No disease-causing bacteria in water at hotel where body was found
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No traces of disease-causing bacteria were found in the water supply of a downtown L.A. hotel where authorities discovered the body of a Canadian tourist inside a rooftop water tank this week, health officials said Thursday.
A do-not-drink order implemented Tuesday was expected to be in place through the weekend until the L.A. County Department of Public Health determines that the water is suitable for drinking purposes, said Angelo Bellomo, director of environmental health.
Authorities discovered the body of Elisa Lam, a 21-year-old tourist from Vancouver, Canada, inside a water tank on the hotel’s roof Tuesday. A maintenance worker found the body after receiving complaints from Cecil residents about low water pressure.
An autopsy was completed Thursday, but Lam’s cause of death will be deferred pending toxicology tests, coroner’s officials said. The results could take six to eight weeks.
Health officials tested for disease-causing coliforms at points inside the 15-story Cecil Hotel.
“The tests came back negative, meaning that if they were in the water they are no longer viable,” Bellomo said. “They could’ve been in there, but they’re no longer viable, meaning they’re dead.”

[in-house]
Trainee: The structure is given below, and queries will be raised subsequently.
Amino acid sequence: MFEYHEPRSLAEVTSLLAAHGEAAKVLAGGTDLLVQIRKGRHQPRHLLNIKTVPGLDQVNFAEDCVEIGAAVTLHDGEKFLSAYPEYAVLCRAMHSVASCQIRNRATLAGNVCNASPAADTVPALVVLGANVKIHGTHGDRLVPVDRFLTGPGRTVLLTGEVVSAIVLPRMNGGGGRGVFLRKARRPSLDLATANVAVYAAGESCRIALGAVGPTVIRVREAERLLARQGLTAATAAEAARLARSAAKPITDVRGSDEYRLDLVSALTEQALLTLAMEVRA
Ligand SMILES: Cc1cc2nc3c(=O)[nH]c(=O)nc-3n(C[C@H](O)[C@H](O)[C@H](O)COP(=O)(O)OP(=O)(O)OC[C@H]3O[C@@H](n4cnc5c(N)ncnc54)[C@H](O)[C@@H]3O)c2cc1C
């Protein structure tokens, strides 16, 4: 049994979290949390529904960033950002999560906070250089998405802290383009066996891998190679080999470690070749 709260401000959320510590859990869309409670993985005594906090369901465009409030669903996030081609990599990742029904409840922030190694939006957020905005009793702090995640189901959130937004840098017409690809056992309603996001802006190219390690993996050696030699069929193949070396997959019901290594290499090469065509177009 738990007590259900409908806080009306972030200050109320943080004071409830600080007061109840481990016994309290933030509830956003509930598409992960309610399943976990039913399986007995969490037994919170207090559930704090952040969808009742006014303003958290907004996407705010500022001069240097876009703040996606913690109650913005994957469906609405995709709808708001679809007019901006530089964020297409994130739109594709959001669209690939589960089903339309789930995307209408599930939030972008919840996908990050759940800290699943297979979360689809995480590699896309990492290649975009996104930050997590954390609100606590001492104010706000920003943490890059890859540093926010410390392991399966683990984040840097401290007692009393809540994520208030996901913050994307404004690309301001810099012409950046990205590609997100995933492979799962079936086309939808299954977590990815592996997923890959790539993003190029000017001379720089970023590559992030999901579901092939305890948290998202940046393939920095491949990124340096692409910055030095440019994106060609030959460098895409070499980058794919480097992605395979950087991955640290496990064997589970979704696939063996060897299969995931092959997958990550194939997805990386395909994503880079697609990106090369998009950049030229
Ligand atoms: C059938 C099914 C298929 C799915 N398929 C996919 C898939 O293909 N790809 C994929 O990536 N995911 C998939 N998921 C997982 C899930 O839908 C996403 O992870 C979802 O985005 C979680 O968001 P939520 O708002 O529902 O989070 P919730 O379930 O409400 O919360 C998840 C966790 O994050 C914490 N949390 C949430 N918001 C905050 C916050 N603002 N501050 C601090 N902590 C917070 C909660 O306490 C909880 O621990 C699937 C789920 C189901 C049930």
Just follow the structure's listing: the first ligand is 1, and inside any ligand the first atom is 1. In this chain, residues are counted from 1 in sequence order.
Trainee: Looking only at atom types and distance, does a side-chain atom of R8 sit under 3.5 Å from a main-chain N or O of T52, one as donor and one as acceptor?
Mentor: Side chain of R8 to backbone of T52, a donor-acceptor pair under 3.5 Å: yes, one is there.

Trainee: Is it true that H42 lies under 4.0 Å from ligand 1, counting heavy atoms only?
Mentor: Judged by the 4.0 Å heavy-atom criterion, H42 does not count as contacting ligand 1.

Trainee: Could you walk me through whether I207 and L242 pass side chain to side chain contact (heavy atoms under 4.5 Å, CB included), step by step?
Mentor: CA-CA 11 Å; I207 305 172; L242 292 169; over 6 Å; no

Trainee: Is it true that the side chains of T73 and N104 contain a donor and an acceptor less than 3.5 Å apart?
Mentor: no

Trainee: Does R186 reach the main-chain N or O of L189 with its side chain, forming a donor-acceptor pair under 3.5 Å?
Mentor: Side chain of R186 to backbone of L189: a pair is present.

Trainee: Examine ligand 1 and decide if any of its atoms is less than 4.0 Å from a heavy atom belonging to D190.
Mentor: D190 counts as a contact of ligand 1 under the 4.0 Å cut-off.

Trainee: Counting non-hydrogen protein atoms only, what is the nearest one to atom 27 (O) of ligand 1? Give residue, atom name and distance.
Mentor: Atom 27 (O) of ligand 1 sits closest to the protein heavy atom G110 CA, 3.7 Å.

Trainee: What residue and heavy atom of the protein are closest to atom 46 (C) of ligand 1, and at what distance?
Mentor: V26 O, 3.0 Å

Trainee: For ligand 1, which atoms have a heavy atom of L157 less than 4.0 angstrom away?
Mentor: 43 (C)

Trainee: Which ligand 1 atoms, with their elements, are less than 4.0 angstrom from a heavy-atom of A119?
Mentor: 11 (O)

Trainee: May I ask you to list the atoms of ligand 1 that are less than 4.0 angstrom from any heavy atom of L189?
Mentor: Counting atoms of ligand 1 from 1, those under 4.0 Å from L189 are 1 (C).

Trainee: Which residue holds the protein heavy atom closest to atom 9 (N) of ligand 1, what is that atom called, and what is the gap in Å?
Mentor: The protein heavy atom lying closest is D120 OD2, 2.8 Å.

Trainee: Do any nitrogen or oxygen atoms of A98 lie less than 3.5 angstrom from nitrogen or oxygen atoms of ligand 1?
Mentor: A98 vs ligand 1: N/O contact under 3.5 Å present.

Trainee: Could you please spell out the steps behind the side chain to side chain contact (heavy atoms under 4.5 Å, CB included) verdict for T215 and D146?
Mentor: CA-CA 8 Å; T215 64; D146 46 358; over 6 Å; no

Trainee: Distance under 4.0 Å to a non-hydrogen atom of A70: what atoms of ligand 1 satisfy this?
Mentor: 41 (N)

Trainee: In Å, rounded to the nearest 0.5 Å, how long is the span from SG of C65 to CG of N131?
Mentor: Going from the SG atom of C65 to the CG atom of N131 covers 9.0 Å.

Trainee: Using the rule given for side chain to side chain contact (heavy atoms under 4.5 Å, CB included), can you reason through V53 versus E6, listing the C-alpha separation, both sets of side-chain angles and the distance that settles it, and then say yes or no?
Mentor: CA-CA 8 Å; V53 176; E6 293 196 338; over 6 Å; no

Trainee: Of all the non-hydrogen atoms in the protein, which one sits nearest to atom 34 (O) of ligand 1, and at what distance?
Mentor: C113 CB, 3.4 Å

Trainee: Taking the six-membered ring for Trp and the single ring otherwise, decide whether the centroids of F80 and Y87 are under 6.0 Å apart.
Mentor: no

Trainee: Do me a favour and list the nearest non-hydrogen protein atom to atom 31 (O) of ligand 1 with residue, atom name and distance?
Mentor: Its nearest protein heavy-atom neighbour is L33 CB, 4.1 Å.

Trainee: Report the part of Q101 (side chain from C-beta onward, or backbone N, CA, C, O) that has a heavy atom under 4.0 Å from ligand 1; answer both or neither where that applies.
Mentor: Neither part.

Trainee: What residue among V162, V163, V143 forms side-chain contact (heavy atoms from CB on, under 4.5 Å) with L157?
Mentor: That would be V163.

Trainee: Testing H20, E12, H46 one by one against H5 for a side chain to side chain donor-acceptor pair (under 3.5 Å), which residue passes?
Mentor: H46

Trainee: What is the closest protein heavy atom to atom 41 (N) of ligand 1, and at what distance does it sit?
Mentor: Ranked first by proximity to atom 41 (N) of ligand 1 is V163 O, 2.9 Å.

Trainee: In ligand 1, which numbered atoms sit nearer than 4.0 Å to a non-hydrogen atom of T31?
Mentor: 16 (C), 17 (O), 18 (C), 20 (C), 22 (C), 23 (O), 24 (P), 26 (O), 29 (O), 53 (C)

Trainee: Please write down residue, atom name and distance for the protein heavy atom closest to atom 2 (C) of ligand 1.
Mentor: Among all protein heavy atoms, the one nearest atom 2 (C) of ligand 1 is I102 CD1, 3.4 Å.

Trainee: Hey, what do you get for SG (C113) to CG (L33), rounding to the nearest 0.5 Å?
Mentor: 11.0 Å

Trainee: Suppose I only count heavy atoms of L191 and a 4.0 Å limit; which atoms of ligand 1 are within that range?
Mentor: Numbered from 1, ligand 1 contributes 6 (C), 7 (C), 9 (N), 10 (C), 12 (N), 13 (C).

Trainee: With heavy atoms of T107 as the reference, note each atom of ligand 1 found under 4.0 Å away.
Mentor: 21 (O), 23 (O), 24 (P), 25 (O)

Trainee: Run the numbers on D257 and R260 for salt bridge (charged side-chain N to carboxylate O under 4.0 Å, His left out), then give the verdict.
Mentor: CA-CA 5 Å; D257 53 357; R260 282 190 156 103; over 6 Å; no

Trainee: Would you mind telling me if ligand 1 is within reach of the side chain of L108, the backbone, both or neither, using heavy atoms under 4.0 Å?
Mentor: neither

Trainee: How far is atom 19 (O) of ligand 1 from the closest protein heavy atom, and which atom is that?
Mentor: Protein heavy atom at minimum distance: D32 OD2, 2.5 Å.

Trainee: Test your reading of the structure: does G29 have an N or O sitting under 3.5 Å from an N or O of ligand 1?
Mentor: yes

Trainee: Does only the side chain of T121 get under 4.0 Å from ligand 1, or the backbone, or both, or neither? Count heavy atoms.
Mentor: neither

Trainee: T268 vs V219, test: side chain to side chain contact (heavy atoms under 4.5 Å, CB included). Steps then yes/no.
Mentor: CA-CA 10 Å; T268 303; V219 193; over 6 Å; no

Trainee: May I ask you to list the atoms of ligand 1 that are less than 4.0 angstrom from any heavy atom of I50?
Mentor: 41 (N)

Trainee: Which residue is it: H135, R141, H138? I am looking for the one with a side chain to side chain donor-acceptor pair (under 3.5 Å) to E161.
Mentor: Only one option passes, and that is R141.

Bacteria, in particular from fecal matter, could have put resident’s health at risk, Bellomo said. But he suspects the chlorine inside the water probably killed the bacteria, which normally lives inside humans.
The Cecil Hotel is expected to drain and flush its tanks and water lines before sanitizing them, a process that could take two to three days. At that point, the Department of Public Health is to conduct another series of tests before deeming the water safe to drink.
About a dozen residents refused to leave the building and are being provided with bottled water, Bellomo said. About 50 residents were staying at the hotel when the body was found; most of them were moved to the Historic Mayfair Hotel in downtown L.A.
The only appropriate use of the Hotel Cecil’s water supply was to flush the toilet, Bellomo said.
The remaining residents, many of whom have lived at the Cecil for years, are required to sign a waiver every time they enter the hotel. Cecil employees declined to provide a copy of the waiver to The Times. Repeated calls were not returned.
A steady stream of water gushed from a pipe on the street in front of the Cecil on Thursday afternoon. The entrance to the lobby was flooded, with a bucket and towels sitting on the floor to catch the water.
-- Adolfo Flores